‘It is an amazing place,’ says Soper, who became chairman at Cyril Wood. ‘There are singers and sculptors, and some of them are 80 and 90-years-old. It’s not an old people’s home.
They have their own front doors, their own kitchens, but there is a communal area and an artists’ shed where they all have studio space. It gives them a hell of a lot for £400-a-month rent.
‘They are not cut adrift. They have care packages, carers for those who need it and they all look after each other. They knock on each other’s front doors. They chat in the communal room. They have music and sculpture sessions. There’s no loneliness, they’re keeping their bodies and brains active.’
Soper is only aware of one case of dementia and came to wonder why there was nothing like it in sport aside from horse racing’s Racing Homes scheme. He knew about the dementia crisis in football and the high rates of divorce and depression among former cricketers.
As a lifelong Crystal Palace supporter, he heard the tales of Kenny Sansom, the former Palace, Arsenal and England star who has fought alcoholism and spent time sleeping rough. ‘I thought, “Right, I’ll form a charity and get it going”,’ says Soper.
He founded Reposm and brought in Sheldon in the hope they could recreate their Surrey success.
There have been delays in the last year as Soper overcame another series of health issues. Four years ago, he discovered he had lung cancer unlinked to his prostate cancer and was having chemotherapy last October when he was hospitalised with pneumonia.
One month later, he was back in hospital when stung in the eye by a bee and again in March with coronavirus. ‘It’ll be the bubonic plague next,’ he quips, seemingly indestructible and more determined than ever to push through Reposm to fruition. ‘It’s a no-brainer,’ Soper insists.
‘A simple idea, at a cost not beyond the realms of what sport can afford. Football has a vast amount of money and the people today are living on the shoulders of the people of the past who found fame but not money.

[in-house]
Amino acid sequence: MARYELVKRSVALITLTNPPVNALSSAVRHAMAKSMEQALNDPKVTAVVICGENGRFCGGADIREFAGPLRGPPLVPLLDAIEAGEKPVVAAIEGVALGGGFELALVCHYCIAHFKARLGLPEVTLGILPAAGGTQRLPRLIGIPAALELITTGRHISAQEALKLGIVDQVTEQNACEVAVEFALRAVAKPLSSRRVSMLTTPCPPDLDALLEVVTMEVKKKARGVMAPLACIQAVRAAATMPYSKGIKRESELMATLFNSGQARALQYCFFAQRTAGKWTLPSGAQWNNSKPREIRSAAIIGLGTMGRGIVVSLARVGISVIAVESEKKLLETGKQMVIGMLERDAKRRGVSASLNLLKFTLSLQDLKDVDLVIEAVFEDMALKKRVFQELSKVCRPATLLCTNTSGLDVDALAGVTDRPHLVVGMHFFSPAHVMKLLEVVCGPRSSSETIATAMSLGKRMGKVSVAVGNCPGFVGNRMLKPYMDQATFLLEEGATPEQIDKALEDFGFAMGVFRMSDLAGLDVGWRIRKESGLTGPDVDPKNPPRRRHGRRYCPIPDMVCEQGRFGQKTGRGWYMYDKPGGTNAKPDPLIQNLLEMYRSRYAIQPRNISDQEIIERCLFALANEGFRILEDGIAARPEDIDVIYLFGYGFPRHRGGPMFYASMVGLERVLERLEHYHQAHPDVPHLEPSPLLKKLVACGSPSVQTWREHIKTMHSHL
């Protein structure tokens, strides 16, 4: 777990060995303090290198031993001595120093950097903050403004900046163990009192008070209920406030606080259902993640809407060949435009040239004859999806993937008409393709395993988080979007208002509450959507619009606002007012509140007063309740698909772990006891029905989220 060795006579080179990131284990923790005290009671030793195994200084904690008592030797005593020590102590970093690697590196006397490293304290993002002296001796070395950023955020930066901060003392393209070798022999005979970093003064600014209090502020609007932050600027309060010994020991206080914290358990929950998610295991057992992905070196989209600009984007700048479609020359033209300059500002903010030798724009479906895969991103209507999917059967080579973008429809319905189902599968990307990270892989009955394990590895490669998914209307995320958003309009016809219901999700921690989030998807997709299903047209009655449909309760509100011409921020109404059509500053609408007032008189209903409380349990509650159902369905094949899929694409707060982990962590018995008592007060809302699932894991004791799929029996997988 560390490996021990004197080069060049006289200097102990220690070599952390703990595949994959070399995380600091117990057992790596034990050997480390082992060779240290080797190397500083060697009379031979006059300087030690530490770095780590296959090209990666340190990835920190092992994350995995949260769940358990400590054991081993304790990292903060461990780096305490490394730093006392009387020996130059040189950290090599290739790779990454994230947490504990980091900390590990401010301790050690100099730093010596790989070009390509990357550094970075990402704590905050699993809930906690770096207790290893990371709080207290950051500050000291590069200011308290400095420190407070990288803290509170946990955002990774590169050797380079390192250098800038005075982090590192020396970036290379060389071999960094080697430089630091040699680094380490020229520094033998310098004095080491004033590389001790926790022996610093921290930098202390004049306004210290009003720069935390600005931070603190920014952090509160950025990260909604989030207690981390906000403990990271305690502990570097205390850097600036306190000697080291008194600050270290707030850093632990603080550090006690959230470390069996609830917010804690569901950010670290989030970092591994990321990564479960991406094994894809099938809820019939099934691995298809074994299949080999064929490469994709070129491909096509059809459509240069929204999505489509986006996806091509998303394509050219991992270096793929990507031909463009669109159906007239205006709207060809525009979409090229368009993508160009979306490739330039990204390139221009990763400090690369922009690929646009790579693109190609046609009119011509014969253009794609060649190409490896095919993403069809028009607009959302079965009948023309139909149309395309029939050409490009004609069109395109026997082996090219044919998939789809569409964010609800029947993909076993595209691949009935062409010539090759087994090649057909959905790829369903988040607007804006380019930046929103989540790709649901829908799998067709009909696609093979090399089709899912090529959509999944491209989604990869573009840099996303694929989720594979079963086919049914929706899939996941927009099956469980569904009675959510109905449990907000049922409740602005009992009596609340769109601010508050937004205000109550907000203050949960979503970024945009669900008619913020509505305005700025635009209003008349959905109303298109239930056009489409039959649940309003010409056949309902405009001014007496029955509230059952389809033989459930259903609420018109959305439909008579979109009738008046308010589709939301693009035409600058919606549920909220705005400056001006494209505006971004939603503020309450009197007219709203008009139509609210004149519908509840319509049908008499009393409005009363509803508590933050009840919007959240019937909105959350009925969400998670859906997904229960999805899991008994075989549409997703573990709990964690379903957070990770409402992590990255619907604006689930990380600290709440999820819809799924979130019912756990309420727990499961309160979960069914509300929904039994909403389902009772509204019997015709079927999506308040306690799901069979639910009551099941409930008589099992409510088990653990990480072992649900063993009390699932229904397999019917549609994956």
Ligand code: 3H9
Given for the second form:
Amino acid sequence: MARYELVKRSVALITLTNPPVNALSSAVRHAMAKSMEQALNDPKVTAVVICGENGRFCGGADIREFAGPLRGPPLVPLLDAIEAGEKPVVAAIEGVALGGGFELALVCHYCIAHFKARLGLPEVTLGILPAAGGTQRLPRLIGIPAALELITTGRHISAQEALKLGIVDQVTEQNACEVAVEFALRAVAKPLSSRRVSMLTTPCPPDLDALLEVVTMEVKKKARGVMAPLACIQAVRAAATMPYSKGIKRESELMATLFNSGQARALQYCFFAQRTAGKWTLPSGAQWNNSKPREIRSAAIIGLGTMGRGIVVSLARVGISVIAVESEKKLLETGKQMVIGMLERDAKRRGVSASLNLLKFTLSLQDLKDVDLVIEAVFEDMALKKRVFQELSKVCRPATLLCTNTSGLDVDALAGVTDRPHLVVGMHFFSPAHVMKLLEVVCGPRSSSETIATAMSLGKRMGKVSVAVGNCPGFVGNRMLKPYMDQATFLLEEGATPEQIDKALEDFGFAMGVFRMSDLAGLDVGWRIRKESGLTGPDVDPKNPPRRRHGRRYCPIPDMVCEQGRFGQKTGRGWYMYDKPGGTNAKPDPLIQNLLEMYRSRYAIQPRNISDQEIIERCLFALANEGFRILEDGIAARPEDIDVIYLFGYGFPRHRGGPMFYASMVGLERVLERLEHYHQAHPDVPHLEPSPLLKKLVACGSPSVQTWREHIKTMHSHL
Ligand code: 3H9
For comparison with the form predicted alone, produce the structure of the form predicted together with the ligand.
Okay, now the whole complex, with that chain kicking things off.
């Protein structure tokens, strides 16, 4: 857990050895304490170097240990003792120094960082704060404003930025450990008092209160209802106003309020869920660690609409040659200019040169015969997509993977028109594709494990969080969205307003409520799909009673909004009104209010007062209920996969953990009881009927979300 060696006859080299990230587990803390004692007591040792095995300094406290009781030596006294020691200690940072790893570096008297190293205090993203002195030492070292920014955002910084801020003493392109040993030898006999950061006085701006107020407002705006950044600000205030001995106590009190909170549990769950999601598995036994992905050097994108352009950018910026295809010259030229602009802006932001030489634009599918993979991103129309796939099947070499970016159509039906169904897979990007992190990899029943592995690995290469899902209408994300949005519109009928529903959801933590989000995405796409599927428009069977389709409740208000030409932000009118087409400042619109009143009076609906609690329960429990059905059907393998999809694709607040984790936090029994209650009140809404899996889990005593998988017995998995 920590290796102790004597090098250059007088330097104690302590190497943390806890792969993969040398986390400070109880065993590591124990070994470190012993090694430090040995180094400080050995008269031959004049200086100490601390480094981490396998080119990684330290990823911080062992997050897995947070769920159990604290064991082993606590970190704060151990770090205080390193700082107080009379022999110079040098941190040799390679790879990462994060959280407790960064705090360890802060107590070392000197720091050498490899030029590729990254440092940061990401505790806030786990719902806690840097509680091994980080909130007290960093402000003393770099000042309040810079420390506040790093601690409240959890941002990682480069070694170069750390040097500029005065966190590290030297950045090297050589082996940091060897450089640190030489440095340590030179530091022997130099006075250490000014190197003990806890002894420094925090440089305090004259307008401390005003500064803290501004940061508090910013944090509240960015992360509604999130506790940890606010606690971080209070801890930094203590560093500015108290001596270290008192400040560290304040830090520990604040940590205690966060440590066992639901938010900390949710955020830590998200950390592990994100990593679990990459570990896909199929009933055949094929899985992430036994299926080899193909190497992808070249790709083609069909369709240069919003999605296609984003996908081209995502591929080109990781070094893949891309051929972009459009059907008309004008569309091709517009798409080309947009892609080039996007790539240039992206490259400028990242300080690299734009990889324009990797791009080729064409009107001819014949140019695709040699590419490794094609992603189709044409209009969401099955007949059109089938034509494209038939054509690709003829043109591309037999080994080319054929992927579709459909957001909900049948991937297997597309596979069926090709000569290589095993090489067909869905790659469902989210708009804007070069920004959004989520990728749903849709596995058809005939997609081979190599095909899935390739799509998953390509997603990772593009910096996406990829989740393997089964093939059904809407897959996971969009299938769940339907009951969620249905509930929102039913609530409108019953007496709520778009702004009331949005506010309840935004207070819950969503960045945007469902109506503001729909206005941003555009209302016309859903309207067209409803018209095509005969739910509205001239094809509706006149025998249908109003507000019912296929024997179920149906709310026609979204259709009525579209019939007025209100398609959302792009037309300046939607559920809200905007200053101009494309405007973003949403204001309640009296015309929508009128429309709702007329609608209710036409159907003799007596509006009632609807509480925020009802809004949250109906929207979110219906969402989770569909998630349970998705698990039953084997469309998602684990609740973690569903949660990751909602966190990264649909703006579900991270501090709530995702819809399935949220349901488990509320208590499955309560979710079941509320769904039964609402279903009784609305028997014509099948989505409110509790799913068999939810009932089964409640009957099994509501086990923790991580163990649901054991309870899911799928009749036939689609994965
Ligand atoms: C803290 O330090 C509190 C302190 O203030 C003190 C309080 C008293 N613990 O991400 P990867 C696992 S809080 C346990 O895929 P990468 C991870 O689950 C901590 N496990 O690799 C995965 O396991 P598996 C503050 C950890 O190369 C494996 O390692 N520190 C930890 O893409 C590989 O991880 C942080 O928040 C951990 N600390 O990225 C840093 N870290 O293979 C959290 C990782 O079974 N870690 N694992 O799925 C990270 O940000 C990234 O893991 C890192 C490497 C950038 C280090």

‘They give to charities and support good causes, but what are they doing to protect people they are mixing with and who might need accommodation in 20 to 30 years’ time?
‘If all the players in the Premier League and the Championship gave a day’s salary and get a tax freeze on it, it’d be enough to build three schemes. It’s my vision to have three or four of these built in the next five years, before I snuff it.’
A safe place for former managers and scouts to talk football
By David Pleat
It was some time ago, and I was sitting in my car at Wycombe.
I was there to see one of the UEFA Youth League games linked to the Champions League between, believe it or not, Celtic and Benfica. Renato Sanches played that night and looked as if he was going to be a world-beater.
The proverbial one man and his dog were there for it. Another vehicle arrived in the car park and three of my scouting associates climbed out and made their way towards the reception area.
I could see two of them were limping: John Griffin, a top-quality scout who worked at Crystal Palace and sadly passed away this year, and Geoff Taylor, who is in his late 80s and still scouting.
For many of the old scouts, those nights are the life and soul. They earn their satisfaction from watching football, reporting on players and hoping someone inside their clubs will react to their recommendations. It keeps their minds active and they get together and reminisce over tea and biscuits.
I thought it would be wonderful for people like them to have the chance to spend their later years together in a safe place where they could care for each other and always have friends to talk to about football.
The League Managers Association committee agreed it would be a good legacy to provide somewhere for managers, coaches and scouts who retire without making a fortune out of football and fall ill and cannot work, or are bereaved and lonely.
We found out the cost would be prohibitive as a venture purely funded by the LMA but our chief executive, Richard Bevan, became aware Mike Soper and Paul Sheldon, with their backgrounds in cricket, were thinking along similar lines. We have met up to share our thoughts.
There are barriers to overcome but we hope we can set up a property, ideally near the seaside, where we can look after our fellow managers.
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Article Credit: Daily Mail